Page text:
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Could California Lead a Global League of Big Provinces?

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Opinion: Maybe Bigger is Better After All

AFP/Getty Images

Villagers listen to a speech by village leader Lin Zulian at a rally after he met with a senior government official and reached an agreement over illegal land grabs and the death in custody of a local leader in Wukan, Guangdong Province on December 21, 2011. Chinese authorities have agreed to release three villagers detained for leading September protests against land grabs, a community spokesman said December 21 after meeting a senior official.

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News item: The Canadian province of Quebec has joined California's new climate-change regime.

What this means is that when carbon trading credits are sold later this year, purchasers will be able to buy and sell them interchangeably.

Whatever you think of climate change and trading emissions permits, there's something intriguing about this partnership between two large states from different countries.

California has very little in common with most U.S. states, which are a tiny fraction of our size. But we have much in common -- much more than we realize -- with other large states and provinces around the world.

I've been reading up on the world's largest "sub-national" entities. They have different names in different places: states, provinces, prefectures, divisions, regions. But reading about them will put you in mind of California.

These big places tend to be highly diverse in all kinds of ways (by race, religion, economic status). They tend to be large in area, with a variety of climates.

These mega-states, for all their problems, tend to be huge economic engines for their countries. And almost all of them have reputations as places that are famously hard to govern. Sound familiar?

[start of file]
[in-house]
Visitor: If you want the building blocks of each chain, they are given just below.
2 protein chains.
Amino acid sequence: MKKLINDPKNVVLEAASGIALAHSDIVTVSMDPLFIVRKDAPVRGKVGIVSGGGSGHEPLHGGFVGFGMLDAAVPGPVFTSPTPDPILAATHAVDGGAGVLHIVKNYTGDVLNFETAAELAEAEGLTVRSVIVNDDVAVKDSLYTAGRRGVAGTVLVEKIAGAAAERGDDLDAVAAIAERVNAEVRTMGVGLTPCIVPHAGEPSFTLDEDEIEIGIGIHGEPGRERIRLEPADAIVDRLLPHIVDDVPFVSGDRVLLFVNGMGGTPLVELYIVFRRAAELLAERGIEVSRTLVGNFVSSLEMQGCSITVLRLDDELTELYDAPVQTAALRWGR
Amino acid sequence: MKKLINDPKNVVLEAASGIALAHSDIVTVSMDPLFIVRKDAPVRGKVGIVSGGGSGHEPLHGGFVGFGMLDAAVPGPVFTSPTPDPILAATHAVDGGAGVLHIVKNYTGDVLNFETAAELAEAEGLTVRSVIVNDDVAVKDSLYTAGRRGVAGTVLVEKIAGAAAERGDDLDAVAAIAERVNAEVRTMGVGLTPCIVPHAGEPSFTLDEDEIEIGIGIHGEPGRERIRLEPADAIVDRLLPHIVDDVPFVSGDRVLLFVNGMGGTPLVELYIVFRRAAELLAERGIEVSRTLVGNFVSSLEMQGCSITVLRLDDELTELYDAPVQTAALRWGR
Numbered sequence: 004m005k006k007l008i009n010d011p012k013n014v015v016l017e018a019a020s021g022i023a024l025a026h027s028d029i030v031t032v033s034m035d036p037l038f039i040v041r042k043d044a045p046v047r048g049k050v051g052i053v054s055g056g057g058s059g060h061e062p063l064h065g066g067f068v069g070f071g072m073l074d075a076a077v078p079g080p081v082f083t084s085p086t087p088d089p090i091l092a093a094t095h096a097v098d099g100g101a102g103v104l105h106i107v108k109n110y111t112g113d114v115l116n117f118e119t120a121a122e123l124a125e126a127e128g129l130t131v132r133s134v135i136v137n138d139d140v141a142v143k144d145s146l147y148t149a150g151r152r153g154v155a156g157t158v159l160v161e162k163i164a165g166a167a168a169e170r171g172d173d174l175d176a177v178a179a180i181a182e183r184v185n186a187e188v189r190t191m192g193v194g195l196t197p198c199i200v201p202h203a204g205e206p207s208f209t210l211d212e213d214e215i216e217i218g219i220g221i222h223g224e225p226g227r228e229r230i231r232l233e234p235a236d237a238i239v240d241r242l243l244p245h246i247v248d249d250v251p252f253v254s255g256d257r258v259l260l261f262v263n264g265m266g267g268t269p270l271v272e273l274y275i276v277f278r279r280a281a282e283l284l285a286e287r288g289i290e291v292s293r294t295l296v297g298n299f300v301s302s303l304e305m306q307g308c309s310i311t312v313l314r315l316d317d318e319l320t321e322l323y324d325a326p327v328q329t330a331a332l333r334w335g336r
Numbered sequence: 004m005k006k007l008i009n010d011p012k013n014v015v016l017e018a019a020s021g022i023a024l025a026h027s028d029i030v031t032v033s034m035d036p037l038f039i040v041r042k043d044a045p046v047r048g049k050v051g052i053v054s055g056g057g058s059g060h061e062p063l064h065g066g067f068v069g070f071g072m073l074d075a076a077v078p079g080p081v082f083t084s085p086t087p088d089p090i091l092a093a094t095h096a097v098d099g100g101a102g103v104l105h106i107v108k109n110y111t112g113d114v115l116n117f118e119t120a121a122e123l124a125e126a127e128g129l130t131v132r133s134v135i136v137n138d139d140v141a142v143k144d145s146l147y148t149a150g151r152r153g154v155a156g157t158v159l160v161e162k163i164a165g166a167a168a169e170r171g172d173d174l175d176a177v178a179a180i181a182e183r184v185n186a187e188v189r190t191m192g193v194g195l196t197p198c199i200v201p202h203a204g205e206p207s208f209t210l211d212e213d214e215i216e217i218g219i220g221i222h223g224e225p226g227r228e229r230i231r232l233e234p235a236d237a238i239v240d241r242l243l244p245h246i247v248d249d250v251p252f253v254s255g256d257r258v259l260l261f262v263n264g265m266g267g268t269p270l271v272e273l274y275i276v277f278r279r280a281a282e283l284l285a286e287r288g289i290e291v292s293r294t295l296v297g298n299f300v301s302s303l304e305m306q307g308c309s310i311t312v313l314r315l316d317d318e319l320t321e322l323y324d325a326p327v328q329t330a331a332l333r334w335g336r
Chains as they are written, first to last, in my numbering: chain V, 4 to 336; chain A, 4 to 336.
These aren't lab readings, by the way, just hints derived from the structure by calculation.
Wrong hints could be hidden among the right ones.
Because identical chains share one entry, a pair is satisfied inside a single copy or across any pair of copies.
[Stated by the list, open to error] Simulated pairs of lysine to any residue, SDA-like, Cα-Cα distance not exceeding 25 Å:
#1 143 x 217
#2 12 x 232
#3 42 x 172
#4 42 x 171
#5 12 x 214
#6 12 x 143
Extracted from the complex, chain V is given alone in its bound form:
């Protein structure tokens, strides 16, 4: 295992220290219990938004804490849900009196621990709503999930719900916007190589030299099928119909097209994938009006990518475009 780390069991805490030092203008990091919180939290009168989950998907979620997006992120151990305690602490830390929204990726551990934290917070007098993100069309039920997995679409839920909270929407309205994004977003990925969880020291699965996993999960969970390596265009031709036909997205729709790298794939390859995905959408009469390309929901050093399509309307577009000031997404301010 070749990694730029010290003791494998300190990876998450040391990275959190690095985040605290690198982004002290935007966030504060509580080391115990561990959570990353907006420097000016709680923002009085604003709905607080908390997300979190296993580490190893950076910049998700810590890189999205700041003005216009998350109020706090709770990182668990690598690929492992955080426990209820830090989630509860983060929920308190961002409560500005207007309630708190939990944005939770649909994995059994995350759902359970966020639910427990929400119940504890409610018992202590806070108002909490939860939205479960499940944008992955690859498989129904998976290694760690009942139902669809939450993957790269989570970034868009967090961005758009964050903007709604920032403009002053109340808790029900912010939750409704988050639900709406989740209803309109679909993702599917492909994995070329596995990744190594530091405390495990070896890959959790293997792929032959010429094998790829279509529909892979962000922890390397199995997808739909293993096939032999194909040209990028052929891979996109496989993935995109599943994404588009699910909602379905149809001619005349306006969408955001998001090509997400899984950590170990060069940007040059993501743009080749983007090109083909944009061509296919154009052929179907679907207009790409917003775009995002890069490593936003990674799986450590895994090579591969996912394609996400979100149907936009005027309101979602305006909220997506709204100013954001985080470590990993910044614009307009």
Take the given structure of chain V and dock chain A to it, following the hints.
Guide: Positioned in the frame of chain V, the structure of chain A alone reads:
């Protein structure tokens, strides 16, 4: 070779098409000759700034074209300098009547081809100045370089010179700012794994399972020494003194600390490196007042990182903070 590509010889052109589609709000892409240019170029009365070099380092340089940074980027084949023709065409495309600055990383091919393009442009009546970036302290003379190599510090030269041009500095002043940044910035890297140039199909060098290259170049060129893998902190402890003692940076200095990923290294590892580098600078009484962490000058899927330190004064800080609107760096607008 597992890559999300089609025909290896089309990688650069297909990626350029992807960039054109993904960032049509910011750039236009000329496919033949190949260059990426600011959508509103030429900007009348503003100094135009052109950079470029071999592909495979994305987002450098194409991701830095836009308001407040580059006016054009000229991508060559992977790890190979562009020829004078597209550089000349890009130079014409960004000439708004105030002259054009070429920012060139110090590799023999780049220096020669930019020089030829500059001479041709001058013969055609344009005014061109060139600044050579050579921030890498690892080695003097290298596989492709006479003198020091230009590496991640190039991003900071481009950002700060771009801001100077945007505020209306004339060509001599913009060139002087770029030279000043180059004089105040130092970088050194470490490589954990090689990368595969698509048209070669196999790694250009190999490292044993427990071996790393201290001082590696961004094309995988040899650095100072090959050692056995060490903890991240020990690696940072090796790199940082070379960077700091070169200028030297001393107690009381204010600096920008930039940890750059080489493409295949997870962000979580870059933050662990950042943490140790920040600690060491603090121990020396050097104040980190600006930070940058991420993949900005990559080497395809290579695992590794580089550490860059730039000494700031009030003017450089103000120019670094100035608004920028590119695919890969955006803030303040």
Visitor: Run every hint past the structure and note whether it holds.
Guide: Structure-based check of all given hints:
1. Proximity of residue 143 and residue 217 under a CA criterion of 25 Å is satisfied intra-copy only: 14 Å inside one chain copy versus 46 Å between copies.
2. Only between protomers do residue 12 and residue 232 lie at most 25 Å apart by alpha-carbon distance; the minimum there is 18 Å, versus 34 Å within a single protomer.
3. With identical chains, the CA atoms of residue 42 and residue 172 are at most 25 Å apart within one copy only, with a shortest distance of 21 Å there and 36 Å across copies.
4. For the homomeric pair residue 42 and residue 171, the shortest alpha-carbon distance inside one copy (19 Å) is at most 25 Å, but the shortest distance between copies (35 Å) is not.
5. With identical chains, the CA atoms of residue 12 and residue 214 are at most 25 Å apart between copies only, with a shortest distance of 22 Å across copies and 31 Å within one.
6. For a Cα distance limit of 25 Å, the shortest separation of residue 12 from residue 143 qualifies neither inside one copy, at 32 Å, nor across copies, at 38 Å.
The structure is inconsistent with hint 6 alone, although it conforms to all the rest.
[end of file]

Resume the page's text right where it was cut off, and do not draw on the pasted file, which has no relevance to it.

And in almost all cases, there is a long history of tension between the large states and the national government.

These states are large enough that their interests, particularly in economic matters, often don't line up neatly with the interests of small states and national leaders. And they also are so large that there is talk of splitting them up into smaller states.

Californians don't think about this; we're as obsessed with our own problems as people in these other mega-states are.

But as I learn more, it's hard not to think that we should be comparing notes with them. Indeed, the world's mega-states have enough in common that an organization of such states could be fruitful, leading to cooperation on trade, education, and environment.

What places would be in such an organization?

Certainly a lot of Chinese provinces (16 have populations equal to or greater than California, with Guangdong the largest with 120 million people) and Indian states (11 have populations greater than California, led by Uttar Pradesh, which, with a population of 200 million, is the biggest state in the world, and has as many people as Brazil).

Wikipedia has a handy list of the top 100 sub-national entities in the world by population.

If that were the list, some of the group's leading members, in addition to California, would be Pakistan's Punjab province, North Rhine-Westphalia State of Germany, the Dhaka division of Bangladesh, the West Java and East Java provinces of Indonesia, Sao Paulo state in Brazil, and England. U.S. states in top 100 include Texas, New York, Florida, Illinois, Pennsylvania, Ohio, Michigan, Georgia, and North Carolina.

Meetings could be held in Paris (part of Ile-de-France, which makes the list) or Milan (the Italian region of Lombardy makes the list).

California is perfectly positioned to lead this effort, as the world's richest -- and most famously dysfunctional -- mega-state. Maybe we could put Schwarzenegger in convincing other mega-states to join up; at least it might keep him from making more movies with Sylvester Stallone.

An organiation like this would bring new energy and ideas about governance into a state that desperately needs new ideas. And it would remind us that, in our troubles, we Californians are not alone.

Lead Prop Zero blogger Joe Mathews is California editor at Zocalo Public Square, a fellow at Arizona State University’s Center for Social Cohesion, and co-author of California Crackup: How Reform Broke the Golden State and How We Can Fix It (University of California, 2010).

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